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February 20, 2004

Family says cell antennas would signal trouble

From: San Diego Union Tribune, CA - Feb 20, 2004


MOUNT HELIX – With his cochlear implant, 8-year-old Blake Thomas can hear his parents call his name, even if he's playing in his front yard with cars whizzing on Conrad Avenue nearby.

But his mother, Kim Thomas, fears that Blake, who was born deaf, might not hear her if cell antennas proposed by Sprint are installed down the street. She worries that they will interfere with the FM system she uses to communicate with her son.

"Blake has enough challenges in his life that we don't need to live with cell tower interference," Thomas said. "This truly could be dangerous."

Thomas and her husband, Pete, will attend a county Planning Commission meeting today to express their concerns about the antennas.

Their worries are much more than neighbors' usual fears about declining property values if a cell site is built. They say their son's life could be dramatically affected.

Blake is an active, tow-headed boy who likes to read and play video games. He attends Maryland Avenue Elementary School, where he learns math and spelling in a mainstream classroom, then takes speech classes for the deaf.

He had the cochlear implant surgically placed in his head two years ago. In a quiet room, he can hear without the aid of an FM system that transmits the speaker's voice from a microphone to his brain. But at school or while playing outside, he needs the FM system to hear and understand.

The manufacturer of the FM system told the Thomases in a letter that having a cell site nearby would lessen the effectiveness of the device, reducing its transmission range and possibly causing static.

Pete Thomas said he doesn't see a need for the cell antennas when Sprint already has good coverage in Mount Helix for its cell phones, and its Internet connections are running at top speed.

"If their latest and greatest works at this phenomenal speed, then they should leave it alone," he said.

A Sprint representative did not return repeated calls seeking comment.

In addition to the antennas on Conrad Drive, Sprint also wants to install a site on Edgewood Drive in Mount Helix.

The antennas are opposed by the Valle de Oro planning group, an advisory body that makes recommendations to the county on land-use issues. It is also opposed by the Grossmont-Mount Helix Improvement Association, a neighborhood association.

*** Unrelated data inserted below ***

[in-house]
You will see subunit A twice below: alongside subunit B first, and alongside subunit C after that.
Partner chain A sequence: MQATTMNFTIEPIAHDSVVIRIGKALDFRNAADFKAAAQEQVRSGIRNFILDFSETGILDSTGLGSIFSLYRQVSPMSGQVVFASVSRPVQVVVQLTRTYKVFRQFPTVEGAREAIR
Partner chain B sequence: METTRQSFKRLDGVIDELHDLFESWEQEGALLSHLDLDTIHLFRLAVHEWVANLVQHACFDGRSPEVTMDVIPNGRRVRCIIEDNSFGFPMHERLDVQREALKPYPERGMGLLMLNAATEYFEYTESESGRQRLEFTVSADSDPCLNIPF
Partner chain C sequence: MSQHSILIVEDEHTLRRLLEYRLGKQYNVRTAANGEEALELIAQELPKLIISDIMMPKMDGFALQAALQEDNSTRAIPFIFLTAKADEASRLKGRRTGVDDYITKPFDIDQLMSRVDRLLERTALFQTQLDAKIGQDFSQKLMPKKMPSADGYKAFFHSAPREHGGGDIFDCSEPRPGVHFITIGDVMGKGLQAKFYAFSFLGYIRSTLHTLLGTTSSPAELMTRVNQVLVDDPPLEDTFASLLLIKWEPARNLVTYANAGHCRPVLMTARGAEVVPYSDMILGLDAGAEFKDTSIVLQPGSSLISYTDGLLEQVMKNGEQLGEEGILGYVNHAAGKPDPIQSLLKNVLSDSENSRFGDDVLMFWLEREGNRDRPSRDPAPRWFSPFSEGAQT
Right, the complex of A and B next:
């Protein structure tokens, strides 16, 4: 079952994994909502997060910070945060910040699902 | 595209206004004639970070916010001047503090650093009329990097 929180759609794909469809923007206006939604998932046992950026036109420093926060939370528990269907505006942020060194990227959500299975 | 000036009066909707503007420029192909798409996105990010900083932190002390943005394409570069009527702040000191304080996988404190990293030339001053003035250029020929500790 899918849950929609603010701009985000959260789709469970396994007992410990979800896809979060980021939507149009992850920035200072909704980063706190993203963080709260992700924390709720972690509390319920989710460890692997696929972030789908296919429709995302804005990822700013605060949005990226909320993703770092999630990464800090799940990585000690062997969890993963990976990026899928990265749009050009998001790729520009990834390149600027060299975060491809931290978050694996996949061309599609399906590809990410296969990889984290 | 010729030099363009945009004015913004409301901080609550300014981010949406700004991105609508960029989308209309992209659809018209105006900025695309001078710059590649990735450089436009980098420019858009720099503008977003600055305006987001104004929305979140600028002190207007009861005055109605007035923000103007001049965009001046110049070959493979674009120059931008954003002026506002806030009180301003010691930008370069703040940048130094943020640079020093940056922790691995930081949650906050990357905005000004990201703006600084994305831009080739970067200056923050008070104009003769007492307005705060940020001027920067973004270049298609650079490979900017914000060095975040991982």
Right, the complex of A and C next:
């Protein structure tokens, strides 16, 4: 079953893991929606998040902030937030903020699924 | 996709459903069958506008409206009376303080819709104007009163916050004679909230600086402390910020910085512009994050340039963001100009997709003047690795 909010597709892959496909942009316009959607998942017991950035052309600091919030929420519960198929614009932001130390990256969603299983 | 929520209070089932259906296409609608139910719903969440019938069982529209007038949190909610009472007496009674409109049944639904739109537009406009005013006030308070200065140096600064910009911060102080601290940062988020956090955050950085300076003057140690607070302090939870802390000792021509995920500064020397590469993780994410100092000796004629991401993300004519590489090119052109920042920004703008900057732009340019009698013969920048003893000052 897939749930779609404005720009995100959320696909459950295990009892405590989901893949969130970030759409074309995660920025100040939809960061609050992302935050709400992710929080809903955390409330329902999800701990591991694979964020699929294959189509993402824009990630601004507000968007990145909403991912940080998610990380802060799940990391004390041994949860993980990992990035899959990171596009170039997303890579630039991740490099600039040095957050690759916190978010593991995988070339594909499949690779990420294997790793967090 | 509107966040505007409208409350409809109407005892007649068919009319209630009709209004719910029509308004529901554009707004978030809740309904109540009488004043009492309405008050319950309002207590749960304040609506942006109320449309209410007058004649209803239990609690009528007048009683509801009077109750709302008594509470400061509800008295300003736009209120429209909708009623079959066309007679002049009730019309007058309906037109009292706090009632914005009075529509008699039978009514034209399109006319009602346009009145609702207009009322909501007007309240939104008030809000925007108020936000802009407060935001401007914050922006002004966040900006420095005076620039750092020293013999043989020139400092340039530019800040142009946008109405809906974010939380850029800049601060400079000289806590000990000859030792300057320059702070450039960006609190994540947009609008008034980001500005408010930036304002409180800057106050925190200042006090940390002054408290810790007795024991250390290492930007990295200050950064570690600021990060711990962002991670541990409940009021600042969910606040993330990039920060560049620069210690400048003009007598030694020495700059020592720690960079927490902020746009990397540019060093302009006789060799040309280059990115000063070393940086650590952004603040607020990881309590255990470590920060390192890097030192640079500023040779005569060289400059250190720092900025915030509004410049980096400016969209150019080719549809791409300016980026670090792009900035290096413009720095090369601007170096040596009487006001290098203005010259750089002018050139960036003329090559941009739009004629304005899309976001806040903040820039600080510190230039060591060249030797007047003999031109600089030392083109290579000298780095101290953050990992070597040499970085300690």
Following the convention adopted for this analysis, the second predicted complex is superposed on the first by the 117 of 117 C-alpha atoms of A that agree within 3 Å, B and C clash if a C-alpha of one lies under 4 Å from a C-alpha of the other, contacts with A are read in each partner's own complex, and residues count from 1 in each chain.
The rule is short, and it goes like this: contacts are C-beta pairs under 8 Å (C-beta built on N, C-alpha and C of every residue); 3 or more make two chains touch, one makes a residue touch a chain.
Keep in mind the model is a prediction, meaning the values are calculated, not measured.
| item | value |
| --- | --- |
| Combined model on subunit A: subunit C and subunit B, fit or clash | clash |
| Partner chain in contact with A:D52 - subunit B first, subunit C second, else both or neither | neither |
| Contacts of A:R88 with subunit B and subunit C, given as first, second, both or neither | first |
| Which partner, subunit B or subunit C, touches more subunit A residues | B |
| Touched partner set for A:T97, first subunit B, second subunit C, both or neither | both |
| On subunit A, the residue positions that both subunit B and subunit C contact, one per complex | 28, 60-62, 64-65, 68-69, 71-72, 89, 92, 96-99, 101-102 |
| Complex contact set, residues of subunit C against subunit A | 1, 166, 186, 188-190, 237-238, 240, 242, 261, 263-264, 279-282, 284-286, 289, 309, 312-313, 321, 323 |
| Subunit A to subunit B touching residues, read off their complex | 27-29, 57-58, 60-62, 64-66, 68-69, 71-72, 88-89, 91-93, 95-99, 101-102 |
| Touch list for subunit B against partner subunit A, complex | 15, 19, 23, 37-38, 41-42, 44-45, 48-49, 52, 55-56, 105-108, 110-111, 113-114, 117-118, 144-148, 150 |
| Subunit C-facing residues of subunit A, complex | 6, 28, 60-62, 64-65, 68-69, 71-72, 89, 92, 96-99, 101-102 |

Despite that opposition, the county zoning administrator approved the antenna projects in December. The planning group appealed the decision, and the issue was brought to the county Planning Commission.

In papers presented to the commission, the zoning administrator said the county cannot deny a cellular telephone facility based on health issues. The level of radio frequency is reviewed and regulated by the federal government.

Jack Phillips, chairman of the Valle de Oro planning group, said Sprint officials promised they would not build more cell sites in Mount Helix after a site was approved in November 2002 at Fuerte Drive and Grandview Avenue. Phillips said he was skeptical at the time.

"We could look at their existing system, and we predicted that this wouldn't be true, that there would be more sites in our Mount Helix neighborhoods," Phillips said. "If we could predict it, certainly Sprint must have known it."

The zoning administrator noted that Sprint said it would be replacing more than 50 cell antennas with 11 sites in Mount Helix, including the two sites being discussed by the Planning Commission.

The Thomases' neighbors have joined them in opposing the cell antenna on their street, and several wrote letters urging that it be rejected. Dan Hyatt, who lives down the street, said Sprint has not considered the effect the cell antennas will have on Blake.

"Sprint is turning a deaf ear to a deaf child," he said.

© Copyright 2004 Union-Tribune Publishing Co.